Discussion of public policy around technological issues, especially but not only surveillance and privacy.
1. The cloud is super-hot. Duh. And so, like any hot buzzword, “cloud” means different things to different marketers. Four of the biggest things that have been called “cloud” are:
- The Amazon cloud, Microsoft Azure, and their competitors, aka public cloud.
- Software as a service, aka SaaS.
- Co-location in off-premises data centers, aka colo.
- On-premises clusters (truly on-prem or colo as the case may be) designed to run a broad variety of applications, aka private cloud.
Further, there’s always the idea of hybrid cloud, in which a vendor peddles private cloud systems (usually appliances) running similar technology stacks to what they run in their proprietary public clouds. A number of vendors have backed away from such stories, but a few are still pushing it, including Oracle and Microsoft.
This is a good example of Monash’s Laws of Commercial Semantics.
2. Due to economies of scale, only a few companies should operate their own data centers, aka true on-prem(ises). The rest should use some combination of colo, SaaS, and public cloud.
This fact now seems to be widely understood.
Five years ago, in a taxonomy of analytic business benefits, I wrote:
A large fraction of all analytic efforts ultimately serve one or more of three purposes:
- Problem and anomaly detection and diagnosis
- Planning and optimization
That continues to be true today. Now let’s add a bit of spin.
1. A large fraction of analytics is adversarial. In particular: Read more
|Categories: Business intelligence, Investment research and trading, Log analysis, Predictive modeling and advanced analytics, RDF and graphs, Surveillance and privacy, Web analytics||3 Comments|
One of the most important issues in privacy and surveillance is also one of the least-discussed — the use of new surveillance technologies in ordinary law enforcement. Reasons for this neglect surely include:
- Governments, including in the US, lie about this subject a lot. Indeed, most of the reporting we do have is exposure of the lies.
- There’s no obvious technology industry ox being gored. What I wrote in another post about Apple, Microsoft et al. upholding their customers’ rights doesn’t have a close analogue here.
One major thread in the United States is: Read more
Numerous tussles fit the template:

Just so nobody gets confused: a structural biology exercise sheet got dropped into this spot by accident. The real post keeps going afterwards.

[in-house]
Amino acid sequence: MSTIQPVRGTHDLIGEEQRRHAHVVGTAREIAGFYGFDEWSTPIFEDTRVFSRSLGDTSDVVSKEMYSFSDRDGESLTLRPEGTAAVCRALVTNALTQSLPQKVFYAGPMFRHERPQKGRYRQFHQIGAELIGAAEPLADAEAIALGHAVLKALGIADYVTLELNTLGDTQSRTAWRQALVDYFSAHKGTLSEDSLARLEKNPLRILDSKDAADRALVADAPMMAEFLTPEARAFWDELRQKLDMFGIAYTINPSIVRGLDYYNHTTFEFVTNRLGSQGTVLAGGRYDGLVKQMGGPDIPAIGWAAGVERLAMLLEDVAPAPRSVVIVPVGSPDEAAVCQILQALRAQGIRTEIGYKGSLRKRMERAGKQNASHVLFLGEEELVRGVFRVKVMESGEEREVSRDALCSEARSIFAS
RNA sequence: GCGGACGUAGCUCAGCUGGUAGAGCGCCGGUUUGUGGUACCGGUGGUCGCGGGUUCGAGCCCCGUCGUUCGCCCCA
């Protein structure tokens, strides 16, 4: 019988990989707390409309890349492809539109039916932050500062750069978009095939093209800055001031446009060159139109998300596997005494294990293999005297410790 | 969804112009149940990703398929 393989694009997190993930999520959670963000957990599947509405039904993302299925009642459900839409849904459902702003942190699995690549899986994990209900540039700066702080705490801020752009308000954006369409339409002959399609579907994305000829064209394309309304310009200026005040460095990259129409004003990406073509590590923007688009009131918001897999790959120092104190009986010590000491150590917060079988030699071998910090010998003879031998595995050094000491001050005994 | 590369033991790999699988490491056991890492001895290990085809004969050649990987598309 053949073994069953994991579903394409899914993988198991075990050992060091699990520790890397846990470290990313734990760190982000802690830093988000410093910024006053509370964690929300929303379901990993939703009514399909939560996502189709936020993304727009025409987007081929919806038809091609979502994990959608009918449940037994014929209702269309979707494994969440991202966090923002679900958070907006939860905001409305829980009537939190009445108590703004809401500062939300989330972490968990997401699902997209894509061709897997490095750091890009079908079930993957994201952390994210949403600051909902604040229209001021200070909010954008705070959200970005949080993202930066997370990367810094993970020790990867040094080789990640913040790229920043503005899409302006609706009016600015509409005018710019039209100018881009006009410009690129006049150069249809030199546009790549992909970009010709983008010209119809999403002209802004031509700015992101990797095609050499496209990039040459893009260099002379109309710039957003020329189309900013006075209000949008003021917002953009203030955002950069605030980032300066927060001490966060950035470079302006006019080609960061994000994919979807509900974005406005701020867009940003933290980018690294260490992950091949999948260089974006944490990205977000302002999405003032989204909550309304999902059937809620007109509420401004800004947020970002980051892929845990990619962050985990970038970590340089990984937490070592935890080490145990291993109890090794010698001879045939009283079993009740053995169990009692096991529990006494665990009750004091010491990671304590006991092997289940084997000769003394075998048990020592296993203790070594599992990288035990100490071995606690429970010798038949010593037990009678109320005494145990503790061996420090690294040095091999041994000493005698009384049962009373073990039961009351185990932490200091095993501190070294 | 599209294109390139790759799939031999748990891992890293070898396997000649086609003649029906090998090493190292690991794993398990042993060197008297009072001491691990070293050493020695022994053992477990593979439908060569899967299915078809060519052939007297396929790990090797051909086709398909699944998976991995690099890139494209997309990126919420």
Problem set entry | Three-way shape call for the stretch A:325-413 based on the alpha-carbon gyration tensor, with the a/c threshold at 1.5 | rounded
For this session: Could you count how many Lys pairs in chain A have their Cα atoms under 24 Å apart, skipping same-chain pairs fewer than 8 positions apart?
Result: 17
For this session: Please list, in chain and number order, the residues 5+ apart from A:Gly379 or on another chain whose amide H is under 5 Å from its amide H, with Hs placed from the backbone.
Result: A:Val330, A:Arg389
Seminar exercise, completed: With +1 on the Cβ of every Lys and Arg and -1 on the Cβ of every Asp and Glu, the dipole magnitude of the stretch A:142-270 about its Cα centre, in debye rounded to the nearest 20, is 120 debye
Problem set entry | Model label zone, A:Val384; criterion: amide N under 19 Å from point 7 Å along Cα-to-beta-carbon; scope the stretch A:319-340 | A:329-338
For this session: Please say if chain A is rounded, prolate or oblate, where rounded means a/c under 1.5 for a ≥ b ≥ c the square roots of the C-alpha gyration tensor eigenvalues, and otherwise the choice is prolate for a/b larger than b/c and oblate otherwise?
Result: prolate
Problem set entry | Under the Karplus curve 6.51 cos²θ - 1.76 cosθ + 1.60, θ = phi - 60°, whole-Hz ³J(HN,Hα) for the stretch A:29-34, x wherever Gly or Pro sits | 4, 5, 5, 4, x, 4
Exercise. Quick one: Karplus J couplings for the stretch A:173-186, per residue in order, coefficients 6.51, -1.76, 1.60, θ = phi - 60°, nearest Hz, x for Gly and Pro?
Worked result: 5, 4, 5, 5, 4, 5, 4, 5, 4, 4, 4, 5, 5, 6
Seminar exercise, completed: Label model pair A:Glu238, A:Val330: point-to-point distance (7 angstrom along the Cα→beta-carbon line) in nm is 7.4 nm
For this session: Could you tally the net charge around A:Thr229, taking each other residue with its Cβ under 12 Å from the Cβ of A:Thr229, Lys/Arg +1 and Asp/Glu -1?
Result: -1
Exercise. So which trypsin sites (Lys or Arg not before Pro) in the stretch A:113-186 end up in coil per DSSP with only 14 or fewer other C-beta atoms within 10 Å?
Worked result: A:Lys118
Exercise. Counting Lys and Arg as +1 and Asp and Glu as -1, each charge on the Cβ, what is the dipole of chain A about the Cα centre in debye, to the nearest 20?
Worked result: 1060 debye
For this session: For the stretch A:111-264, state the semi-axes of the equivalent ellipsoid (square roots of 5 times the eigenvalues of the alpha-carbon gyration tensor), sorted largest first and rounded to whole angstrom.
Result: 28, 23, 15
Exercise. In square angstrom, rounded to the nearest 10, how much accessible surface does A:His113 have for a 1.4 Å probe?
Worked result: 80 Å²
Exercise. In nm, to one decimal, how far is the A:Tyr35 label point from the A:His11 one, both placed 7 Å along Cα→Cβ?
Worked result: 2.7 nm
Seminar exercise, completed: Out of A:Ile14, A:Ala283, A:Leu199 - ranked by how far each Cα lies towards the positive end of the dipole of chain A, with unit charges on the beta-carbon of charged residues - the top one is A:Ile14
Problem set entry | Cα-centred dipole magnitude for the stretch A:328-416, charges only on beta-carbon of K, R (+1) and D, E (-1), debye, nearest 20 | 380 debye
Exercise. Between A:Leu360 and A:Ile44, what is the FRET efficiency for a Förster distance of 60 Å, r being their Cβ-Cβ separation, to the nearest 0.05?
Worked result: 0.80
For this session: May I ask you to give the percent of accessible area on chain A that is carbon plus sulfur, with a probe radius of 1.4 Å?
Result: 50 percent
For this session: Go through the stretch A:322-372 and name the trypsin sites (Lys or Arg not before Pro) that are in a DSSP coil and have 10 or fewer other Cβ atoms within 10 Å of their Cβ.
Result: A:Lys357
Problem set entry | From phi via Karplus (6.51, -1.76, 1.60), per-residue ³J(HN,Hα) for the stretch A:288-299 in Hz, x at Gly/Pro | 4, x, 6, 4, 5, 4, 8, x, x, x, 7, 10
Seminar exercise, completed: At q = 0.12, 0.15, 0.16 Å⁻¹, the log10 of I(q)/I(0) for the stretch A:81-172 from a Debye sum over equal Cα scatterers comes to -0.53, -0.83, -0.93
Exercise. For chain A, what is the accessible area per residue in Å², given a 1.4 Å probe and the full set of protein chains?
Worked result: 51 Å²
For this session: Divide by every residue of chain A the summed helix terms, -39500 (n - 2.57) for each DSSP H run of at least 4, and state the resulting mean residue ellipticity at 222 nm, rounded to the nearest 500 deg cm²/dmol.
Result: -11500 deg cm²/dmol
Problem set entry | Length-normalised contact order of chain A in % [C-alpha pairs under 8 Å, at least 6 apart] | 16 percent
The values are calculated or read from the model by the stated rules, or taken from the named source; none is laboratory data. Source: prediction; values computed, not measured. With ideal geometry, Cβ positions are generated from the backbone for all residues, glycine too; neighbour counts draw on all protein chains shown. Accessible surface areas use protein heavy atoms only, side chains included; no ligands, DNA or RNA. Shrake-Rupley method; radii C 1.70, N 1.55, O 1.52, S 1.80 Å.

- A government wants access to data contained in one or more devices (mobile/personal or server as the case may be).
- The computer’s manufacturer or operator doesn’t want to provide it, for reasons including:
- That’s what customers prefer.
- That’s what other governments require.
- Being pro-liberty is the right and moral choice. (Yes, right and wrong do sometimes actually come into play. )
As a general rule, what’s best for any kind of company is — pricing and so on aside — whatever is best or most pleasing for their customers or users. This would suggest that it is in tech companies’ best interest to favor privacy, but there are two important quasi-exceptions: Read more
|Categories: Amazon and its cloud, Google, Microsoft and SQL*Server, Surveillance and privacy, Web analytics||2 Comments|
This year, privacy and surveillance issues have been all over the news. The most important, in my opinion, deal with the tension among:
- Personal privacy.
- General law enforcement.
More precisely, I’d say that those are the most important in Western democracies. The biggest deal worldwide may be China’s movement towards an ever-more-Orwellian surveillance state.
The main examples on my mind — each covered in a companion post — are:
- The Apple/FBI conflict(s) about locked iPhones.
- The NSA’s propensity to share data with civilian law enforcement.
Legislators’ thinking about these issues, at least in the US, seems to be confused but relatively nonpartisan. Support for these assertions includes:
- The recent unanimous passage in the US House of Representatives of a law restricting police access to email.